I won’t be applying for the 2016 TGO Challenge. I gave my wife the veto and she has exercised it. I’m hoping I’ll be able to apply for the 2017 Challenge or failing that, 2018. This almost guarantees that the weather next year will be fabulous, so apply while you can.
In my trip report I mentioned that I was surprised to find cattle on the path in Deepdale on the fell side. I was concerned that they showed undue interest in me and that they had fouled one of the few places where camping is possible in the dale. There was also some damage to the footpath.
I communicated these concerns to the National Park ranger service. Although I received an immediate response, the person responsible for Deepdale was on annual leave. Today I received a reply to my concerns.
Apparently, the cattle are part of an agreed improvement plan with Natural England and the farmer at Deepdale Hall. Rare breed cattle are being used to improve the pasture in preference to sheep.
I have no problems with this, after all, earning a living from farming is a tough job and rare breed cattle are probably more profitable than sheep. However, I have expressed a concern to the ranger service that there were no warning signs about free roaming cattle.
I’m not particularly nervous of cattle, but despite my efforts to give them a wide berth, they decided to come towards me. Fortunately, once I had passed them, they lost interest.
If I had had a dog or a child either me I would have been more concerned. We’ve all read of recent trampling incidents, especially of dog walkers. To me, it seems irresponsible not to warn people about the cattle. I can’t remember having encountered cattle before roaming free on the fells.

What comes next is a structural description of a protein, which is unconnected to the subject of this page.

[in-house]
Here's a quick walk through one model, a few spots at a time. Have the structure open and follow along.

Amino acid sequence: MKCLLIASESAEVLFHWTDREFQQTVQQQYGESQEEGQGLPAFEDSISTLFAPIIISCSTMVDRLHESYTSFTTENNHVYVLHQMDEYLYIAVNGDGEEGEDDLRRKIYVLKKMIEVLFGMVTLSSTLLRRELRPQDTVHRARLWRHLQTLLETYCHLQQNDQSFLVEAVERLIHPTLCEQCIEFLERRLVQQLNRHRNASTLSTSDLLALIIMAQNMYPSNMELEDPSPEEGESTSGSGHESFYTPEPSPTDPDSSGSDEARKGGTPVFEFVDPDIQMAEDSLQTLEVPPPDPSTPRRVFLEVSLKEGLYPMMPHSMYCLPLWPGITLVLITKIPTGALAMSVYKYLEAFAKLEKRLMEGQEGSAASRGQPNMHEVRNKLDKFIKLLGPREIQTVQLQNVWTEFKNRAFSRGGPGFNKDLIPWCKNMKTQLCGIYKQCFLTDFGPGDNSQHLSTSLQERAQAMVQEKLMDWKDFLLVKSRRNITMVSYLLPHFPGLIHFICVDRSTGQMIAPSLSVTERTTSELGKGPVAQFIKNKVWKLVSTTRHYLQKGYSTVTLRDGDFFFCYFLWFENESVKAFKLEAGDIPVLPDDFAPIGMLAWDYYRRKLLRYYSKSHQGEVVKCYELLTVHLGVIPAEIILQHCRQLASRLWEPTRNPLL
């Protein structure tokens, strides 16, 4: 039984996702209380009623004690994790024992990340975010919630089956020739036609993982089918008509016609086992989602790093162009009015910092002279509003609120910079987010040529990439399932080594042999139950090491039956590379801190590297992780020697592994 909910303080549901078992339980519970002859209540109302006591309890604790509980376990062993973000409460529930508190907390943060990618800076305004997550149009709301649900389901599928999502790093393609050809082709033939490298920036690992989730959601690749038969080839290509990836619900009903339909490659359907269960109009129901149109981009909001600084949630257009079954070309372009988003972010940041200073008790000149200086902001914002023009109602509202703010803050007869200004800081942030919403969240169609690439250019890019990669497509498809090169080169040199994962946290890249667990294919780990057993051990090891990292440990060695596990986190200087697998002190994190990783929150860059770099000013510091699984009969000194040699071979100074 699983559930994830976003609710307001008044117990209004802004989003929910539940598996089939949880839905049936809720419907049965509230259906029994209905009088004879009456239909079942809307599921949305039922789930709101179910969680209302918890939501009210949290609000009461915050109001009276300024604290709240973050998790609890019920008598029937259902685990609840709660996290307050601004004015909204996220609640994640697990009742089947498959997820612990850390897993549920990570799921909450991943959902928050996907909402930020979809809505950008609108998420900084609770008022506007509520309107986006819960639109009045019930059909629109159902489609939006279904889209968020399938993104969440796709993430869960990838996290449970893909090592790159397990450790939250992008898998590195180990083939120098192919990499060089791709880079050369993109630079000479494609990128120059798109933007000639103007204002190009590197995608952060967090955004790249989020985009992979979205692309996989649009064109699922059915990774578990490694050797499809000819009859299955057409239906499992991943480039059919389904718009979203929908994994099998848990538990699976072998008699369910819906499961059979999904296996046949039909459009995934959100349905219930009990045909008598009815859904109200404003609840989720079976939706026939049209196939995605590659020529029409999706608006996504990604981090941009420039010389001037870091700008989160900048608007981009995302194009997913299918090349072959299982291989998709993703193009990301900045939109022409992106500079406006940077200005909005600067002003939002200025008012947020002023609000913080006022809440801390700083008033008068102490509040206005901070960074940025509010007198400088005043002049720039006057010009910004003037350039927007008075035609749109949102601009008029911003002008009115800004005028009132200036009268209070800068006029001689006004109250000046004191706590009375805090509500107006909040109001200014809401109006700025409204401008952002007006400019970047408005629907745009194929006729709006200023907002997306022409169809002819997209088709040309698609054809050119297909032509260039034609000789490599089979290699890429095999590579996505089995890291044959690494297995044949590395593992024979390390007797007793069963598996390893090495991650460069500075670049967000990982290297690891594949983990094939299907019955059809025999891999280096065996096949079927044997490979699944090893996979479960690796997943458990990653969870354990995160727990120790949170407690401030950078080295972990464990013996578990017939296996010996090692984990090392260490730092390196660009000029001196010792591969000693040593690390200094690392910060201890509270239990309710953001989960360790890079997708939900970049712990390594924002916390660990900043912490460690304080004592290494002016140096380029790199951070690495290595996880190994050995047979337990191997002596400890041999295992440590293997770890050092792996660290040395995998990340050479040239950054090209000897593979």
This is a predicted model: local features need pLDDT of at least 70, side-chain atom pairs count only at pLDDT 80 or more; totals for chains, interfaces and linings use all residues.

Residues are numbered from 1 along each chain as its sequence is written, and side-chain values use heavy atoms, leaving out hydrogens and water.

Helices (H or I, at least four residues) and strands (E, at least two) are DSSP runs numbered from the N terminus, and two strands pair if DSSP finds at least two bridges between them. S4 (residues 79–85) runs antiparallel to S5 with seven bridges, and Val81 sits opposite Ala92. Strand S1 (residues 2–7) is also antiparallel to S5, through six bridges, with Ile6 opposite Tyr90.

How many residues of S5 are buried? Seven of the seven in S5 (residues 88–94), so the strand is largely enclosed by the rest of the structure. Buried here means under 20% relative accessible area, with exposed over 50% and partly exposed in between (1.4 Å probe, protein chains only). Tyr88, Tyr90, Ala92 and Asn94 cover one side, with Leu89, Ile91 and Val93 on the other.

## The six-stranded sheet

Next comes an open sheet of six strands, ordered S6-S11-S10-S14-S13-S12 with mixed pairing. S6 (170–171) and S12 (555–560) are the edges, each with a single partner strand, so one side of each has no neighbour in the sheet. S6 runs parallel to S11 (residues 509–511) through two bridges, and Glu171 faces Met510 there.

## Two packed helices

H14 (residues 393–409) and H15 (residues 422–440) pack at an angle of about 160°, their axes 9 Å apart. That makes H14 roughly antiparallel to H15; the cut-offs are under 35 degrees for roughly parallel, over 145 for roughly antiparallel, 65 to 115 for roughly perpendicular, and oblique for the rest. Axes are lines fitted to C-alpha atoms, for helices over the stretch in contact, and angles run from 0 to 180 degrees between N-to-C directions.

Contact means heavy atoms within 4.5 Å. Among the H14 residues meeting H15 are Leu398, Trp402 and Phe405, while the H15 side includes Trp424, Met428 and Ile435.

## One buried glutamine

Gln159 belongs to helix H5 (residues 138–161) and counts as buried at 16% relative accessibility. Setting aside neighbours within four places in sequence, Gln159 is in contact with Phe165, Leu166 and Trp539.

So, be warned, if you are walking in Deepdale, especially if you have a dog, you may encounter cattle. I think I’d probably avoid it for wild camping too. The only decent camping spot seems to be their favourite place as well. I’d also be careful of the water in Deepdale beck from Greenhow End downstream.
I decided to make my A frame a bit smaller and save some weight. I reduced the arms by 15cm (to 16cm). This has saved 22g and the A frame now weighs 48g. My trekking poles have to extend to 135cm to get the correct height at the apex. Making the A frame smaller has not only saved weight, it makes storage easier. As far as I can tell, it makes no difference to the strength of rigidity of the frame. Indeed, it may be slightly more rigid as the plastic tube is more flexible than a trekking pole.
I’ve had a ULA Ohm for a while but not used it much because the buckles on the hip belt extend beyond the padding when the hip belt is tightened. This led to them digging into my iliac crest. Recently, I had a brain wave to extend the hip belt with some 3mm closed cell foam and some spare nylon cloth I had kicking around.
Yesterday, I put my plan into action. It was remarkably easy to do a decent job just by hand sewing. I cut the closed cell foam to the right size. I then made a pocket from the nylon, sewing it inside out then turning it right side out. Inserted the foam. Then sewed on to the hip belt. The buckles are now protected from rubbing.
Sad news from Paul at Tread Lite Gear: he’s having to wind down his business and find another job. Making a living out of a niche lightweight backpacking business is a tough ask. Hats off to Paul for trying. If you want any of his products, you’d best hop over to his eBay shop and get them before they disappear. I’ve ordered some more bits and pieces. Best of luck to Paul in finding a new job!
Photos from “Deepdale and back” click here